13RestEasy Run 30 minRecovery Run 25 minCross-train 30 minRestInterval Run 35 minLong Run 45 min20 mi
14RestEasy Run 60 minRecovery Run 55 minCross-train 30 minTempo Run 30 minInterval Run 65 minLong Run 75 min30 mi
15RestEasy Run 65 minRecovery Run 60 minCross-train 30 minTempo Run 35 minInterval Run 70 minLong Run 80 min32 mi
16RestEasy Run 70 minRecovery Run 65 minCross-train 30 minTempo Run 40 minInterval Run 75 minLong Run 85 min34 mi
17RestEasy Run 75 minRecovery Run 70 minCross-train 30 minTempo Run 45 minInterval Run 80 minLong Run 90 min36 mi
18RestEasy Run 80 minRecovery Run 75 minCross-train 30 minTempo Run 50 minInterval Run 85 minLong Run 95 min38 mi
19RestEasy Run 85 minRecovery Run 80 minCross-train 30 minTempo Run 55 minInterval Run 90 minLong Run 100 min40 mi
20RestEasy Run 90 minRecovery Run 85 minCross-train 30 minTempo Run 60 minInterval Run 95 minLong Run 105 min42 mi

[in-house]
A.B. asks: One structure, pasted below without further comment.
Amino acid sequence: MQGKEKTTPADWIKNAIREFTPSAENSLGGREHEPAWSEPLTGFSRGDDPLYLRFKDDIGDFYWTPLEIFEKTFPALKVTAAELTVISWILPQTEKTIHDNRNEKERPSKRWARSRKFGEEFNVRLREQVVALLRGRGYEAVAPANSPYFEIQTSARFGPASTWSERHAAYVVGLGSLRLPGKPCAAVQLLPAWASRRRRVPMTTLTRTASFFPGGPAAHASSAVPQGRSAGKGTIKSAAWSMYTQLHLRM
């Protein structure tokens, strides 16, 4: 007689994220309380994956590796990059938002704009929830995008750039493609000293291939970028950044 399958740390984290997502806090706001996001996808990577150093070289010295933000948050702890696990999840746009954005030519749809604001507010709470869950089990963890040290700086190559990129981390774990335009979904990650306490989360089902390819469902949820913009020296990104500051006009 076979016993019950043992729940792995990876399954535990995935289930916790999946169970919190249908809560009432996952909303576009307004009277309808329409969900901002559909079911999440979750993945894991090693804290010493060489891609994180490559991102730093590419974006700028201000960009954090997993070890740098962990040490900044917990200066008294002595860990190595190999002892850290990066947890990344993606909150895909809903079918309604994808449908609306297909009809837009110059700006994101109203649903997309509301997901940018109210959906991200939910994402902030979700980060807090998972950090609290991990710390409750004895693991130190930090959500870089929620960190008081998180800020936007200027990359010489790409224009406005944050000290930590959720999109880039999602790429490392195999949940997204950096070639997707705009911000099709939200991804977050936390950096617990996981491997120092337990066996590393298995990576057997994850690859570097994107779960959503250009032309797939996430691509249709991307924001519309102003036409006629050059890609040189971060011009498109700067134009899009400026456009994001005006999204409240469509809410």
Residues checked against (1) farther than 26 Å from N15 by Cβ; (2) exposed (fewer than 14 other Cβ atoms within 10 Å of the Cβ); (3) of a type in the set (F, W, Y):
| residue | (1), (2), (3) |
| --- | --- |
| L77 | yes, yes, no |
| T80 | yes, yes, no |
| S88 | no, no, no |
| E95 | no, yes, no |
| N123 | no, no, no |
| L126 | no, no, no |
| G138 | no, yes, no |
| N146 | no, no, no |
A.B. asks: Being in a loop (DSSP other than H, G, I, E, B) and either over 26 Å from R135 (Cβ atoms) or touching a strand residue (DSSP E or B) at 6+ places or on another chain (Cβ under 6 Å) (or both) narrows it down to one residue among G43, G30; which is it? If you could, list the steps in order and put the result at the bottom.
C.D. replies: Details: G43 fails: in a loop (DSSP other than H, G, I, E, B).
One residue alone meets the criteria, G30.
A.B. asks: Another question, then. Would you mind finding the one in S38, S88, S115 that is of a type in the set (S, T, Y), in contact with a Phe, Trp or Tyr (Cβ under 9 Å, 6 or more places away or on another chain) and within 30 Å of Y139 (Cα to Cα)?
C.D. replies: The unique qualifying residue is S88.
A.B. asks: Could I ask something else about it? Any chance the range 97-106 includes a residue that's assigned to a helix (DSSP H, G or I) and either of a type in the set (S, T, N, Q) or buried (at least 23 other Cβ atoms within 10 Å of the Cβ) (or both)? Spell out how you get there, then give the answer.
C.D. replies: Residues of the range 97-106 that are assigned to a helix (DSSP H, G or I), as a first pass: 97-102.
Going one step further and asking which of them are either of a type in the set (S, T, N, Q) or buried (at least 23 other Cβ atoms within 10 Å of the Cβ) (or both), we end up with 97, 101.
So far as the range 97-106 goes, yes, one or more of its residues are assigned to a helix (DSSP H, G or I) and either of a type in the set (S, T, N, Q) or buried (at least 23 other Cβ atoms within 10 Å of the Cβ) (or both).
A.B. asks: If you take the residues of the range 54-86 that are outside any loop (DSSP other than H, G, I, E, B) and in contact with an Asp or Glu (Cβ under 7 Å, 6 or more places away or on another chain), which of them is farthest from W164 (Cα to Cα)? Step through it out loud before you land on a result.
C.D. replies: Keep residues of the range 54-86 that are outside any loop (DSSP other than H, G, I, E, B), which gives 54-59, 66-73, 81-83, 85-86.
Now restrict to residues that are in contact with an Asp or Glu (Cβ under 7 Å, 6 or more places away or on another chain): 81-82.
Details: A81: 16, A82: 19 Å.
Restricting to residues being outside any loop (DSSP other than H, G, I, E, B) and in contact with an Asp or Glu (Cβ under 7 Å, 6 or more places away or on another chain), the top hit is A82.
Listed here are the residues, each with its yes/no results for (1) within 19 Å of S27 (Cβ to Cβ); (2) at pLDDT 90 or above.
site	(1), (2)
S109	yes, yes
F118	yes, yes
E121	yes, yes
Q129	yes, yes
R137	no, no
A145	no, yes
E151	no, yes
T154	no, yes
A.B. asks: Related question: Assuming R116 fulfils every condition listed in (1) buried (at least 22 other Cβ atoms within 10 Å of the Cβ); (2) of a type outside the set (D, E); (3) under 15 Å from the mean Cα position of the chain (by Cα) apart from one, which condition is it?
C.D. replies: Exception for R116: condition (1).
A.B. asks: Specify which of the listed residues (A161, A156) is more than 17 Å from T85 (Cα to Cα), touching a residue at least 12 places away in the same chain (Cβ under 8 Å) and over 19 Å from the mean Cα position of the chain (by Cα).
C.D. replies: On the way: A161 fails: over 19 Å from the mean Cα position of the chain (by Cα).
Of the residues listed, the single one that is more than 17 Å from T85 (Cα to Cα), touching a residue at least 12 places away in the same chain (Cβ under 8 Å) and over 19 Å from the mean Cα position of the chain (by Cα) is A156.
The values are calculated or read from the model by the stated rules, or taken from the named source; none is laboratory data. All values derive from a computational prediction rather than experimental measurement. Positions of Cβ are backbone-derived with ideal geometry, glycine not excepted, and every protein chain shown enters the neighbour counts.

21RestEasy Run 95 minRecovery Run 90 minCross-train 30 minTempo Run 65 minInterval Run 100 minLong Run 110 min44 mi
22RestEasy Run 100 minRecovery Run 95 minCross-train 30 minTempo Run 70 minInterval Run 105 minLong Run 115 min46 mi
23RestEasy Run 105 minRecovery Run 100 minCross-train 30 minTempo Run 75 minInterval Run 110 minLong Run 120 min48 mi
24RestEasy Run 50 minRecovery Run 45 minCross-train 30 minTempo Run 40 minInterval Run 55 minLong Run 65 min28 mi
25RestEasy Run 20 minRestEasy Run 20 minRestRace DayRestHalf Marathon (13.1 mi)

Please remember that this is a guide and should be adjusted according to individual pace and capacity. Always listen to your body during training. Happy running!

Understanding the Training Runs

The schedule includes different types of runs, each with a specific purpose and intensity. Here is a brief explanation of each type of run:

Easy Run

This is your bread-and-butter run. You’ll do most of your runs at an easy pace, which means you can comfortably hold a conversation while running.